33. rxrankings @632,

    When you say "we have demonstrated extrordinary resilience to such changes in the recent past," you presumably do not consider the Triassic as "the recent past." So what "such changes" are you referring to?

  34. MA Rodger, I think that the worst that happened in human times was the Toba eruption, but I could be wrong. Humans and other mammals show evidence of genetic bottlenecks in the wake of that event although there is controversy as to the true global effect of it. In any case, it was a far cry from anything like major object impacts or large igneous provinces. 

  35. By recent past I meant the examples I gave: "Saudi Arabia, being a desert and able to grow wheat"; "Russia, able to grow wheat in Siberia (previously) thought impossible and probably able to grow enough in the whole country to feed the entire planet". Dinosaurs and Mammoths couldn't grow wheat or travel in Ships to warmer climates, they used to die if it became too hot/ too cold or too dry. Humans book a ticket, crank up the AC, turn on the heater or eat wheat instead of meat. Tomorrow if the whole of Europe turned into an oven and Antarctica melted, it would take less than 10 years for a continent wide migration and resettlement. If we have enough fossil fuels, humanity could survive for centuries on a desert filled planet. Show me the impact of Global warming and I will show you the current technology that can handle it.

  36. Philippe Chantreau @634,

    Toba has been associated with the genetic bottleneck theory in which proponents see the human population dropping to less than 10,000 people. With modern technology, the survival numbers would likely be higher than 10,000 but the mortality rate (the percent of humanity who perish) would be infinitely higher.

  37. rxrankings @635,

    When you first use the phrase @632 "in the recent past" (which I quote @633) you are referring to humanity "demonstrat(ing) extrordinary resilience to (abrupt) changes in the recent past." I assume growing wheat isn't the sort of "abrupt change" that would provide this "demonstartion (of) extraordinary resilience" you speak of.
    And in terms of "demonstrating" stuff, you demonstrate a poor grasp of the energy requirements needed to melt the Antarctic ice cap. Today's global energy use (132,000TWh) is enough to melt 1,600 cu km of ice. Antarctica has 26,500,000 cu km of ice so melting it in 10 years would be an interesting project. What's your plan for obtaining this level of energy in the next 10 years?

  38. rxrankings at 635 "Russia, able to grow wheat in Siberia (previously) thought impossible"

    This is false. The chief crops of neolithic Siberia (8000 BCE and after) included millet, wheat, barley and hemp.

  39. MA Rodger,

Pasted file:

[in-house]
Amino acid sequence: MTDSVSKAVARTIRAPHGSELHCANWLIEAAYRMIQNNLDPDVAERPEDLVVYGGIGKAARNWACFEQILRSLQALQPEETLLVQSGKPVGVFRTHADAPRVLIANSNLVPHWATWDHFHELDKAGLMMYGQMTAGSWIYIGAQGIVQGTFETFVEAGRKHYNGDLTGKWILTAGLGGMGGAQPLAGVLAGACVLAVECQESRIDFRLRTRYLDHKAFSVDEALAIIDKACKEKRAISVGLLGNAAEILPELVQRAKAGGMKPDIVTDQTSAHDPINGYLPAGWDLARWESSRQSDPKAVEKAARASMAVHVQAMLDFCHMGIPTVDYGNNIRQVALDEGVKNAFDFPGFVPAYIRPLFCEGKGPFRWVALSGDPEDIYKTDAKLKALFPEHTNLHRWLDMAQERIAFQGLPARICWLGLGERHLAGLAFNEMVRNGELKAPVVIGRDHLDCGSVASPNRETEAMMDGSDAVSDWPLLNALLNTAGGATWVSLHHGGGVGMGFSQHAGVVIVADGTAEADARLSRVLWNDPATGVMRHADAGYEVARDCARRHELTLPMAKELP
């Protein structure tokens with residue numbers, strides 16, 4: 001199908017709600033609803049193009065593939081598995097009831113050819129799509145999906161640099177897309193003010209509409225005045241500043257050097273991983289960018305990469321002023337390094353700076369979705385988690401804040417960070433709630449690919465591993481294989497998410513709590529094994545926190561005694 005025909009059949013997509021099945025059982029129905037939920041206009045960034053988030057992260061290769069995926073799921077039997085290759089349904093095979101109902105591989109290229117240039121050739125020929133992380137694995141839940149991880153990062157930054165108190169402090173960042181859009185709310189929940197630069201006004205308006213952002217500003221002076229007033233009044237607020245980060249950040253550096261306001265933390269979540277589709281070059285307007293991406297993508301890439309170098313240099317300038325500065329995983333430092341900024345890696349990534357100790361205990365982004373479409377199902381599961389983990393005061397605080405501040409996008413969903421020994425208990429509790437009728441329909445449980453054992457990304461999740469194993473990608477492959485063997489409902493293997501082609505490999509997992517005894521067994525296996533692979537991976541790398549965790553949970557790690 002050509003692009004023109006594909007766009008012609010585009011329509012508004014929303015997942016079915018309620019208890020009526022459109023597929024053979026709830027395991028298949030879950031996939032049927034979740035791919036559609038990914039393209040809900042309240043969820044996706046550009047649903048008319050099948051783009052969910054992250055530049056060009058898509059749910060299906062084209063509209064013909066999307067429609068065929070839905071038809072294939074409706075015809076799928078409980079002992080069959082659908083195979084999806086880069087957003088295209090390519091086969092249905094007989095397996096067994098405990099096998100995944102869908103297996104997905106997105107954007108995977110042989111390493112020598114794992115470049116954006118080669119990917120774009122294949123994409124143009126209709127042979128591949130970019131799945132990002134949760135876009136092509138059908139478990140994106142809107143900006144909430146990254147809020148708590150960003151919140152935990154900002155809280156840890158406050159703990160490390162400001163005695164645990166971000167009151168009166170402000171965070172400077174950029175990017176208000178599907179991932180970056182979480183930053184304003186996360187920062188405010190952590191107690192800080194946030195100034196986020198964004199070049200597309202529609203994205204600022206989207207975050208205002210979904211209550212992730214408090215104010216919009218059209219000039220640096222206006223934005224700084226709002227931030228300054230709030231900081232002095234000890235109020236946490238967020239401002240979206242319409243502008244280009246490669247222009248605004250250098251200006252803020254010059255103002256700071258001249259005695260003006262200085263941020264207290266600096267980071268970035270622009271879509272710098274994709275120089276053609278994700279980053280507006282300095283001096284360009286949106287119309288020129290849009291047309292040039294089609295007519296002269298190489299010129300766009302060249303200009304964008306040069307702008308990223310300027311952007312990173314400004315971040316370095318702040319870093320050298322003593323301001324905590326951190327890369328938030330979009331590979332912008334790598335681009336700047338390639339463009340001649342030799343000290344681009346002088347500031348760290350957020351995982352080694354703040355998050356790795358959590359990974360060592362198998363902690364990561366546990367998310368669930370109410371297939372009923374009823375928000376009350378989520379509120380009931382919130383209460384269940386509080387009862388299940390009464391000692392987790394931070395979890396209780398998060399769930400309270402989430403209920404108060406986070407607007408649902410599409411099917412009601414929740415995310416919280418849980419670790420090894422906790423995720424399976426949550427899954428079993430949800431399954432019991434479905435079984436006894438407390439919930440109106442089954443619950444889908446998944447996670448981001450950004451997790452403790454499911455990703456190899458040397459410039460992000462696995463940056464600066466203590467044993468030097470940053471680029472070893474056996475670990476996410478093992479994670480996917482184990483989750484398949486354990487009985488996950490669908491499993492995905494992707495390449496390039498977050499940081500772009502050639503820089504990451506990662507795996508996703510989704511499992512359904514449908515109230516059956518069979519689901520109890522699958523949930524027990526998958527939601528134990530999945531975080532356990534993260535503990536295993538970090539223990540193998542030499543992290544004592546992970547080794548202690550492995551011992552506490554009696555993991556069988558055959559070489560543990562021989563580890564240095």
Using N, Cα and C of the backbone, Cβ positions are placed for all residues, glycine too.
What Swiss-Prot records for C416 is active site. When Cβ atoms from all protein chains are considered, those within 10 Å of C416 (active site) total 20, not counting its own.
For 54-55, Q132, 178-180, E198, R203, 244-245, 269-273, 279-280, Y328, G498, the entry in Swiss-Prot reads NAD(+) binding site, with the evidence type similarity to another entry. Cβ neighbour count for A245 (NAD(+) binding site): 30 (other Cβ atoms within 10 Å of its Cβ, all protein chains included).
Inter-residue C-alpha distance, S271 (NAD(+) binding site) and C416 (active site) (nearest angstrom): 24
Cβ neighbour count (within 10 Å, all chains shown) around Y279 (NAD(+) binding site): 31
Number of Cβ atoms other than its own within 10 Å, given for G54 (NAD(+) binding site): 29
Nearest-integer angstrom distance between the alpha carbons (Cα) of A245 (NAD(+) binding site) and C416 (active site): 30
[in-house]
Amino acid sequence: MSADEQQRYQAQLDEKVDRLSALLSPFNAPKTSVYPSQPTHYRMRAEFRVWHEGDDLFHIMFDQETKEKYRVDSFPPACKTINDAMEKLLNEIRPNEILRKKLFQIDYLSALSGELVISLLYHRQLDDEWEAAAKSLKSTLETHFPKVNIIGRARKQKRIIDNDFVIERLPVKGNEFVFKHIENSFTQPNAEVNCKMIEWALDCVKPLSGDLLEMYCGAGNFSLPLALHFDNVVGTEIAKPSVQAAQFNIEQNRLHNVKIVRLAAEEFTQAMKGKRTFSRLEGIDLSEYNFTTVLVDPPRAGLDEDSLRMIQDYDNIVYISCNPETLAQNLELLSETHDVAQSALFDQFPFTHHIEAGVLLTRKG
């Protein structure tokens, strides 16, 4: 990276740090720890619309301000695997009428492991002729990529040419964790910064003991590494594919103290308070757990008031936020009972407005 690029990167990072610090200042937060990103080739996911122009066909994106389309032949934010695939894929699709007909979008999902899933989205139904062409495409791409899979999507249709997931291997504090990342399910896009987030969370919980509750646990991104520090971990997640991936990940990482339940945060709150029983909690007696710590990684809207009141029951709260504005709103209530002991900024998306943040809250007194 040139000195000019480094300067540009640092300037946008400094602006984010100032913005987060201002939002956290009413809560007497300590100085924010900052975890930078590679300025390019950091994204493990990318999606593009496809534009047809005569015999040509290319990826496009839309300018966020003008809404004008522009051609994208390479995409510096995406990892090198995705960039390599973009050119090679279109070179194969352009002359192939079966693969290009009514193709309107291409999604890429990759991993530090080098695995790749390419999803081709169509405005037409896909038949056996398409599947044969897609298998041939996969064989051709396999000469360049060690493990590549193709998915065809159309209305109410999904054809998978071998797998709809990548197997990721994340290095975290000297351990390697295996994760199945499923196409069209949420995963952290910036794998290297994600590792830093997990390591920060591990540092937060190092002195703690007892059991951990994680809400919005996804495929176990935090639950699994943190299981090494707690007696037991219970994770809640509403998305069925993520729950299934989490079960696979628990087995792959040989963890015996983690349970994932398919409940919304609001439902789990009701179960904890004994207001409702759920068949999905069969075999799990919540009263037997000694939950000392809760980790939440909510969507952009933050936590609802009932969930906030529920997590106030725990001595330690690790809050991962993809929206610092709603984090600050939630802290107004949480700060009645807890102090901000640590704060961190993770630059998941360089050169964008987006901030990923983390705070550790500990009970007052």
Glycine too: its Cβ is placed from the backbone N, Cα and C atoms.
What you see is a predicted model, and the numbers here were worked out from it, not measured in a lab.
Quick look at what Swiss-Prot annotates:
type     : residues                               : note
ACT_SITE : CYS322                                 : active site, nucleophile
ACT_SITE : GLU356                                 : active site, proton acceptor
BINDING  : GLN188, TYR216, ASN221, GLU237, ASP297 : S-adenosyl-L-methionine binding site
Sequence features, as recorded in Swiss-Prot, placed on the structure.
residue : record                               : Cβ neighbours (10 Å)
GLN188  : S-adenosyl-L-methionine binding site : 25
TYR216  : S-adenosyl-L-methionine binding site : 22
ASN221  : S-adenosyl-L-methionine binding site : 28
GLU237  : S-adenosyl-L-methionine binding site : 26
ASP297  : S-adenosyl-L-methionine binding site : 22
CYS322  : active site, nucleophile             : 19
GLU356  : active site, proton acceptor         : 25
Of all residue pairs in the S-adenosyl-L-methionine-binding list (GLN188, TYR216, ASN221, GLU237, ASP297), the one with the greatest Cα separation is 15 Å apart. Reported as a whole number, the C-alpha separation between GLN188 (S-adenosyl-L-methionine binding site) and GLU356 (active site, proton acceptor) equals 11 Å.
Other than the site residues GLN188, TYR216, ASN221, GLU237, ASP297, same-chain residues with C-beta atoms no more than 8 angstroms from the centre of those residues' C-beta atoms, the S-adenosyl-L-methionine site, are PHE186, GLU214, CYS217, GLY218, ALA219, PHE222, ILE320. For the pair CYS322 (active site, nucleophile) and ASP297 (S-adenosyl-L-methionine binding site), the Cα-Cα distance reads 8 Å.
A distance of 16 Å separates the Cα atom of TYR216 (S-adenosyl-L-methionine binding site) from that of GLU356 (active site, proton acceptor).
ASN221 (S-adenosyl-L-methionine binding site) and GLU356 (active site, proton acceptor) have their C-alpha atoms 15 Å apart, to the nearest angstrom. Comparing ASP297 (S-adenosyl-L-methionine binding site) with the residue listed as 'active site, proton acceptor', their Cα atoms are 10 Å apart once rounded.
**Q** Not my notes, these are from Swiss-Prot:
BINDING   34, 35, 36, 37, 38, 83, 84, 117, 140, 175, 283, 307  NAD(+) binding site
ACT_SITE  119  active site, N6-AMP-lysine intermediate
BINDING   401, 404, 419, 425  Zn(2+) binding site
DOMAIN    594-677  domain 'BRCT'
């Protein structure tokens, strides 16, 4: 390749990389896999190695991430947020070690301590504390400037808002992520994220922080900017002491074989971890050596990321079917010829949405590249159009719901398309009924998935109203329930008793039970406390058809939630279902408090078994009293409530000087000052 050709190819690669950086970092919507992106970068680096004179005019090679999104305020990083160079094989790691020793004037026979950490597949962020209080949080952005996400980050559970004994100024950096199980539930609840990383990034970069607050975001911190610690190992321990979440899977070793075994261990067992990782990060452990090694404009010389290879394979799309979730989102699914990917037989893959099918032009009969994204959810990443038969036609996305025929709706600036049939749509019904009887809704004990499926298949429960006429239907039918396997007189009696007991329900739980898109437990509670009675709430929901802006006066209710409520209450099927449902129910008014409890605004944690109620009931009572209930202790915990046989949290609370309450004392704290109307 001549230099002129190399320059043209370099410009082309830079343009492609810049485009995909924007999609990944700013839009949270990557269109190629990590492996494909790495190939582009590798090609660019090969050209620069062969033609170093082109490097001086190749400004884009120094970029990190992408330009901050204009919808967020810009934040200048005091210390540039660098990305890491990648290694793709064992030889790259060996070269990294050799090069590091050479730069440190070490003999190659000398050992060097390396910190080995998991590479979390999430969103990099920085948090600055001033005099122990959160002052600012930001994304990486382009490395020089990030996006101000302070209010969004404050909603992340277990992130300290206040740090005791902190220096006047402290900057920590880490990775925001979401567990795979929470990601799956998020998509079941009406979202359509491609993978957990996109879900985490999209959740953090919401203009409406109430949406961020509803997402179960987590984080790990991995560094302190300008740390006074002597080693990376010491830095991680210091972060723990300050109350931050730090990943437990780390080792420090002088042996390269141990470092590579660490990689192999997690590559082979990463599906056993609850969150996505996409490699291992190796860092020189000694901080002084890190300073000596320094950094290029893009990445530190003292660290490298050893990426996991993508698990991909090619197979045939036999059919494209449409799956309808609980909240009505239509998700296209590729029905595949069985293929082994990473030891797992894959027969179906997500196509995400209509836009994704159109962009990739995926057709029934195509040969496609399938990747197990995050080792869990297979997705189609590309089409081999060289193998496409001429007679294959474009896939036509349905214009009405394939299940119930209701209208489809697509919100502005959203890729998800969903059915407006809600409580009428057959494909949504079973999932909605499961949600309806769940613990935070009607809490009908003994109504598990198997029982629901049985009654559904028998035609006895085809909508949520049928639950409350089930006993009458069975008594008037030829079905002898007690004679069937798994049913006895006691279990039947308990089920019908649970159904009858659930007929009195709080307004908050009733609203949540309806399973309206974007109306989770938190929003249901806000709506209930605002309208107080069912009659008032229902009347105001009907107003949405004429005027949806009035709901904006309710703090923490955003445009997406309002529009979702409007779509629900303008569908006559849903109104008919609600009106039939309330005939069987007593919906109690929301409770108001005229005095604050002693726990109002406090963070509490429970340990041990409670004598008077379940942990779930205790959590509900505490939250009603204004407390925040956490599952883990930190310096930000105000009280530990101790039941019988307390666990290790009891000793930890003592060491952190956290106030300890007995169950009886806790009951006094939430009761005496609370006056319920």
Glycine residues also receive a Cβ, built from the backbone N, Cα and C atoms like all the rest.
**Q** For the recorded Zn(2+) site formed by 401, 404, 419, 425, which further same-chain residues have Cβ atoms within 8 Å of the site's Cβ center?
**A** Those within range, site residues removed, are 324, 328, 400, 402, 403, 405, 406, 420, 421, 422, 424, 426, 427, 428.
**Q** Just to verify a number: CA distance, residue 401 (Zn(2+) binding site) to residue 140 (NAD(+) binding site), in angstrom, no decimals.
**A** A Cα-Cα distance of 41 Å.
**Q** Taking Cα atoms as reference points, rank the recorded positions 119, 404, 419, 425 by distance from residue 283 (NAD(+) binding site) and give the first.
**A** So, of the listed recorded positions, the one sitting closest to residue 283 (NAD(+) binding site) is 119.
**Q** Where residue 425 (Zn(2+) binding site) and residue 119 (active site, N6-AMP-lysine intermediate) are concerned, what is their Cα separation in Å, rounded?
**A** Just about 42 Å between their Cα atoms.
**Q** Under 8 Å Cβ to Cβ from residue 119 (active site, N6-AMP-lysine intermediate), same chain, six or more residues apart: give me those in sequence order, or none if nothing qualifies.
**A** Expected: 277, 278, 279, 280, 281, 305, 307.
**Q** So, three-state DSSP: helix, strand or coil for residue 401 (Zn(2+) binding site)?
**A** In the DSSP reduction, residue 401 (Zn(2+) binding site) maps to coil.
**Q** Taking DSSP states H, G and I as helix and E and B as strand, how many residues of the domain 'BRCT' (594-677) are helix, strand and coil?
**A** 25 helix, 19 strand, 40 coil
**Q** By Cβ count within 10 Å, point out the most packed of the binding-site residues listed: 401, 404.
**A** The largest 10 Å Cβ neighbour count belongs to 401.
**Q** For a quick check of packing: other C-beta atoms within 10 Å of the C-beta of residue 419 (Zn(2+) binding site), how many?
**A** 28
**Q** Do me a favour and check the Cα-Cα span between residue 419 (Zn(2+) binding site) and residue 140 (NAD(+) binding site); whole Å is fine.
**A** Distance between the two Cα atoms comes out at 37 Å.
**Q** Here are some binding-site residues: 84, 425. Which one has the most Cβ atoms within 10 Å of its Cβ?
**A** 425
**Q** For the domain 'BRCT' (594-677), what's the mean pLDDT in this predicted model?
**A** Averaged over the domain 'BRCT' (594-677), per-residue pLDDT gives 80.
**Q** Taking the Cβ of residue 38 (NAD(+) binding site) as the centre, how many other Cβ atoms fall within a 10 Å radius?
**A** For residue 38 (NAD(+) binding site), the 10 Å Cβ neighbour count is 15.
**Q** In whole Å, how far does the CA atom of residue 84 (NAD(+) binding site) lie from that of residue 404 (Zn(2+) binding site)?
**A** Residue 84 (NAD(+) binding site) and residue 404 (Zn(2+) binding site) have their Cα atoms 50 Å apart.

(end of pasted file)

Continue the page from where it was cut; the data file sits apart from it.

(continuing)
I am aware of the Toba bottleneck theory, but there is considerable debate as to the true impact of the event. The genetic bottleneck around that period is a relaity nonetheless, and is found in several other primate species.

  40. "With modern technology, the survival numbers would likely be higher than 10,000 but the mortality rate (the percent of humanity who perish) would be infinitely higher." — How can you say that?Show me a climate event in the past 30 years that has killed at least 1 million people directly. Even in severe droughts we have most people dying from poverty and unable to afford food, NOT lack of food. I can make a bold statement and say ALL climate related deaths in the past 30 years are due to lack of technology awareness or poverty or being careless. There has not been a storm that concrete and steel cannot handle. So my question is, with all the warming we have had in 30 years, no one has died, why should I believe you when you say another 5 degree rise in temperature will kill billions??


    [DB] Please note that at Skeptical Science there are thousands of active discussion threads on just about every topic related to climate change science.  As such, users are encouraged to confine comments to the topic of the thread on which they are place.  Further, it is incumbent upon those making hyperbolic assertions to then support them with citations to credible sources.

    Please note that posting comments here at SkS is a privilege, not a right.  This privilege can be rescinded if the posting individual treats adherence to the Comments Policy as optional, rather than the mandatory condition of participating in this online forum.

    Please take the time to review the policy and ensure future comments are in full compliance with it.  Thanks for your understanding and compliance in this matter.

    Off-topic snipped.

  41. Philippe Chantreau @639,